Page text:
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Apl Extends Eagle Go Guaranteed To All Asian And Middle East Ports
Wednesday, 31 October 2018 01:42

APL has extended its Eagle GO Guaranteed service to US-bound containers originating from all ports in Asia and the Middle East

According to APL, in addition to direct loading ports on trans-Pacific services, the service now includes non-direct loading ports in Asia and the Middle East. Cargo from these non-direct loading ports will be guaranteed equipment at the origin and vessel space onboard the first leg, en-route to transhipment hubs for priority shipping to the US and Canada.

“The extension of our Eagle GO Guaranteed service from 29 main Asian load ports to some 150 ports across Asia and the Middle East cannot be more timely,” said Jesper Stenbak, senior vice president of trans-Pacific trade at APL. “This trans-Pacific trading season is heading on at full steam with high shipment volumes from Asia to the US. Shippers who opt for our Eagle GO Guaranteed offering will have no concerns of equipment and vessel space shortages and can get their urgent cargoes going for sure.”

The expanded product is now also available in Bangladesh, Cambodia, Myanmar, Sri Lanka and the Philippines, as well as Russia, Djibouti, Jordan, Bahrain, Oman, Egypt and the United Arab Emirates. Bookings will begin on October 15, 2018.

“APL’s Eagle GO Guaranteed service has seen strong demand from customers who want zero disruption in their supply chain,” said Stenbak. “Unlike the traditional peak, the current trading season on the trans-Pacific has been exacerbated by advanced shipments to the US. To help shippers manage capacity shortage in the market, this pay-on-demand offering will bring them certainty in their supply chain.”

The Eagle GO Guaranteed service, together with Eagle GET Guaranteed and Eagle REACH Guaranteed, forms APL’s suite of Eagle Guaranteed services that are backed by a money-back guarantee.

Smart transport a focus in attraction
Monday, 29 October 2018 02:05

Attracting foreign investment in smart transport is a core part of the prime minister’s recently approved master plan for Vietnam’s smart and sustainable city development strategy in the 2018-2025 period, with a vision to 2030. Nguyen Ngoc Dong, Deputy Minister of Transport, talked with VIR about the country’s demands and future prospects for foreign investors in this field.

What role do foreign direct investment (FDI) and technology play in transportation development in Vietnam?


To catch up with countries in the world, we should learn from their mistakes and successes, while considering applying new technologies and technical solutions through technical assistance and technology transfer, as well as education and investment projects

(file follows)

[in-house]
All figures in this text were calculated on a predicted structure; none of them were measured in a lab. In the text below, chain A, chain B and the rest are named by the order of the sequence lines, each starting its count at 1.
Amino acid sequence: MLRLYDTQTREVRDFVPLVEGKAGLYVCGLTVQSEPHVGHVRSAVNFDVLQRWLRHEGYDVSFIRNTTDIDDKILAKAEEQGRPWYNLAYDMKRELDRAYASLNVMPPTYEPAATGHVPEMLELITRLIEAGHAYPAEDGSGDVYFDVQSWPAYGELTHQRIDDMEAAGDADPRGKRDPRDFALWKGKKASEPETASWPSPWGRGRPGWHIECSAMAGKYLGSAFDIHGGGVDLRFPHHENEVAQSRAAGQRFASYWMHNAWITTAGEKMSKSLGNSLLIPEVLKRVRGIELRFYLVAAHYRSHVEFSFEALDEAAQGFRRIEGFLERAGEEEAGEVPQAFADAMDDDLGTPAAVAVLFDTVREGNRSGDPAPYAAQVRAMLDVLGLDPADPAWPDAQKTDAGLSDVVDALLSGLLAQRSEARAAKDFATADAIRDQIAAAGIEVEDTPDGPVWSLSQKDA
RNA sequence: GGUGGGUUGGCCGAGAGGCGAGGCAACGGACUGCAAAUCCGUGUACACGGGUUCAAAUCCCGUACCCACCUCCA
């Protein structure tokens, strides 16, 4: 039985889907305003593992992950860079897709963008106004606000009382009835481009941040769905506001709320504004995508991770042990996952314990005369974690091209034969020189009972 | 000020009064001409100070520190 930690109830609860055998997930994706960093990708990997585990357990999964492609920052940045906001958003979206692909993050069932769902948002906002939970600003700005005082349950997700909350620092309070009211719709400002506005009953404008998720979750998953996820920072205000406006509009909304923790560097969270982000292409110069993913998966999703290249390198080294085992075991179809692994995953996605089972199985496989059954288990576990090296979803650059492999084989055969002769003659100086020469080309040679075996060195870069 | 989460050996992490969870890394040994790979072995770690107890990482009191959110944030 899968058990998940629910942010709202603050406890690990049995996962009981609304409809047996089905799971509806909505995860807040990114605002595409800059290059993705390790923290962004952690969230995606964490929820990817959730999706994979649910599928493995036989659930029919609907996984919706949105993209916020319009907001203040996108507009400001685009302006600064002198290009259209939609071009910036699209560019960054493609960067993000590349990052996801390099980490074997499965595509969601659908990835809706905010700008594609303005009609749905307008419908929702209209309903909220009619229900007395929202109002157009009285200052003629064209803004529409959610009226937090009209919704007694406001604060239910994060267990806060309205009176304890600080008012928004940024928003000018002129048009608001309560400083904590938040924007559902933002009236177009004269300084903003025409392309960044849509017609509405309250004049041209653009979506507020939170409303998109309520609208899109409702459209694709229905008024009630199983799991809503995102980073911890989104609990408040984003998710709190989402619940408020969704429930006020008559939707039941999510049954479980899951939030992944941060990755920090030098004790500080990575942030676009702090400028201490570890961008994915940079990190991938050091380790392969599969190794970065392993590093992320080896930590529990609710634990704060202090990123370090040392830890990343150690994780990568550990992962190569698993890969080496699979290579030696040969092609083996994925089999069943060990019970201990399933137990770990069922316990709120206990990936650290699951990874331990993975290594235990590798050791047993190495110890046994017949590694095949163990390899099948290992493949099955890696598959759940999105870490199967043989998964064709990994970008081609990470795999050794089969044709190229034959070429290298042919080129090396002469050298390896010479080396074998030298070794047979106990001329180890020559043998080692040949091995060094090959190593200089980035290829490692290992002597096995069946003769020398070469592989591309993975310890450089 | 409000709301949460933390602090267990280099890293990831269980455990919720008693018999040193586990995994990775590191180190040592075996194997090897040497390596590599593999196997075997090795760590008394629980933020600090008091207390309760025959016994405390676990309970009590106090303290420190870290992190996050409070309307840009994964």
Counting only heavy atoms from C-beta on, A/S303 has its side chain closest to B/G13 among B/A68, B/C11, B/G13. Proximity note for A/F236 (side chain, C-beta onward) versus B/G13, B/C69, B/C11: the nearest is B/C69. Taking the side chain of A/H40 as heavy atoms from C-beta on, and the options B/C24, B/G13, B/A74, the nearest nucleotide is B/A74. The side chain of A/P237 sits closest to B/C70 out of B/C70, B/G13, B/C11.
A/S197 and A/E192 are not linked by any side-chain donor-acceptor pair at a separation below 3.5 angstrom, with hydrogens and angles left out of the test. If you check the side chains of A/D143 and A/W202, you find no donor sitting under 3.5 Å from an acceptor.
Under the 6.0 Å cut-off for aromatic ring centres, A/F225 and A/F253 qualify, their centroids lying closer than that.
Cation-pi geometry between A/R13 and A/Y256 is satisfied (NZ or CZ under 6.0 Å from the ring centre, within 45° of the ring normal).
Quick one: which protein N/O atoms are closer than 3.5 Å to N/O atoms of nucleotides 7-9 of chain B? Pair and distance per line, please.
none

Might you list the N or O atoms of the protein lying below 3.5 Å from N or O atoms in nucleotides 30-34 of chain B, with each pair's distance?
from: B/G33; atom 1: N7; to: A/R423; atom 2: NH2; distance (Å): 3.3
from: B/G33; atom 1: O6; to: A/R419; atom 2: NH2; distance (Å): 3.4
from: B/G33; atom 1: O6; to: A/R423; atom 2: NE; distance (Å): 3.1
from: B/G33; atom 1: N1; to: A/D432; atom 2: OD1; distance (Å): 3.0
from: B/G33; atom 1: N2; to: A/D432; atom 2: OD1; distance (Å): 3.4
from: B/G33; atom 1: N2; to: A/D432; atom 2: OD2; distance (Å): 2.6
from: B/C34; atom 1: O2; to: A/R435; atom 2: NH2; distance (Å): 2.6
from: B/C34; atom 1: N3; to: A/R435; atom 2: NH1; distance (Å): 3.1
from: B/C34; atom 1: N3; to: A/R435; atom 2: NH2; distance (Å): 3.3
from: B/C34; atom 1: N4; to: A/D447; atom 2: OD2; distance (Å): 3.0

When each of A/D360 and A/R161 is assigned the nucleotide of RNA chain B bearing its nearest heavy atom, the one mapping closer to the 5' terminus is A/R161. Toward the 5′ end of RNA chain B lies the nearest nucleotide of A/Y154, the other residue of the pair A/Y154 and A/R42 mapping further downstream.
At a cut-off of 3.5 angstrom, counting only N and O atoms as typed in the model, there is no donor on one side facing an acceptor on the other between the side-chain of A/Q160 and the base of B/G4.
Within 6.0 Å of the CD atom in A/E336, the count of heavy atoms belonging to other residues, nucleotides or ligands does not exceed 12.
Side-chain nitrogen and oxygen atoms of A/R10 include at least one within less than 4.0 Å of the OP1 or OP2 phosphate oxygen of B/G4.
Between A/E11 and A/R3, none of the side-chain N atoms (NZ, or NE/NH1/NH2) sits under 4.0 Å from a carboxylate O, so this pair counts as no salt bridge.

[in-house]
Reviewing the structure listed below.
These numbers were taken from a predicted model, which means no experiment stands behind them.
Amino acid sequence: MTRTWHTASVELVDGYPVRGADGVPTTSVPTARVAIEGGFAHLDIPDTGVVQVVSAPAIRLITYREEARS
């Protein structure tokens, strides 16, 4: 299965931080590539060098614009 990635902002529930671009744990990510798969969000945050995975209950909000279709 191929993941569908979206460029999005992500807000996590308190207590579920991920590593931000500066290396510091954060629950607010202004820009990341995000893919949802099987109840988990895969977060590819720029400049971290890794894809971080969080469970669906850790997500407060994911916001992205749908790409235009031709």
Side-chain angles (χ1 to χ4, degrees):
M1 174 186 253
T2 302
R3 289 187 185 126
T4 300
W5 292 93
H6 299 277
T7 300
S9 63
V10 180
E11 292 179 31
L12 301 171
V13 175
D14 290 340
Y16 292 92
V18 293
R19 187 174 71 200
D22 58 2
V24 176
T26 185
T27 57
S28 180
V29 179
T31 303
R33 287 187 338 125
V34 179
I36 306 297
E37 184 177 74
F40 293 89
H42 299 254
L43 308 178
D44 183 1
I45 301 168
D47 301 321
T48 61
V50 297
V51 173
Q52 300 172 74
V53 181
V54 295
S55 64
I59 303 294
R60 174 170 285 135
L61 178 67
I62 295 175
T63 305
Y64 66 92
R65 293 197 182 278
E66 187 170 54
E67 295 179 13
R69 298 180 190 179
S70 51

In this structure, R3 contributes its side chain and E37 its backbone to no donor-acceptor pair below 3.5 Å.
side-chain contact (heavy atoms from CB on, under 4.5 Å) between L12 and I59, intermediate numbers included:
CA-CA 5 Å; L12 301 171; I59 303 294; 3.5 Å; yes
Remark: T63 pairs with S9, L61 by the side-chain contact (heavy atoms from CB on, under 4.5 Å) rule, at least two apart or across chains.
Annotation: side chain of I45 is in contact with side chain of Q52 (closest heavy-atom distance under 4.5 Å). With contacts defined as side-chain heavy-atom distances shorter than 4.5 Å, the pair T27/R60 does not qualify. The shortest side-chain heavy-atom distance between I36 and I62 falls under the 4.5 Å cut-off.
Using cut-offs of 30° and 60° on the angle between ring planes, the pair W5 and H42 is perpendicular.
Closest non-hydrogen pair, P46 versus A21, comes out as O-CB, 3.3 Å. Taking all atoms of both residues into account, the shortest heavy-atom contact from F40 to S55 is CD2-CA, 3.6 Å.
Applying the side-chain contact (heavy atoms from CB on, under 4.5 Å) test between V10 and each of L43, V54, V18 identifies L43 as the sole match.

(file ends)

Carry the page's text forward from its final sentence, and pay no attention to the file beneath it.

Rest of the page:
There is still a lot to gain from FDI in transport projects, especially now that the Fourth Industrial Revolution is knocking on our doors. FDI is not only a significant source of capital for transport projects that are particularly capital-intensive, it is also a gateway to accessing technologies that Vietnam lacks – from construction and design technology to new intelligent applications in the management and monitoring of projects in operation.

This latter part, which pertains to the so-called intelligent transport networks, is of exceptional importance in the new 4.0 era and FDI is essential to accessing global know-how. As such, we will focus on boosting FDI attraction in the monitoring and management of traffic (especially smart transportation) in urban areas.

Vietnam has made definitive advances in the area, not in small part thanks to foreign investors committing technology and know-how to their projects, in addition to capital. The country now applies radio frequency identification (RFID) in electronic toll collection (ETC) along several expressways.?The application of new designs and technologies in transport projects such as cable-stay bridges, tunnels and roads, as well as in maintenance has helped increase economic efficiency, and environment protection.

At the moment, local companies are able to manufacture and assemble monitoring devices for cars, trains, and water vessels. They are also designing intelligent transport systems (ITS) for new expressways. FDI has been essential to bringing about this change in Vietnam and is vital to its continued momentum – both as a source of capital and as a source of critical knowledge.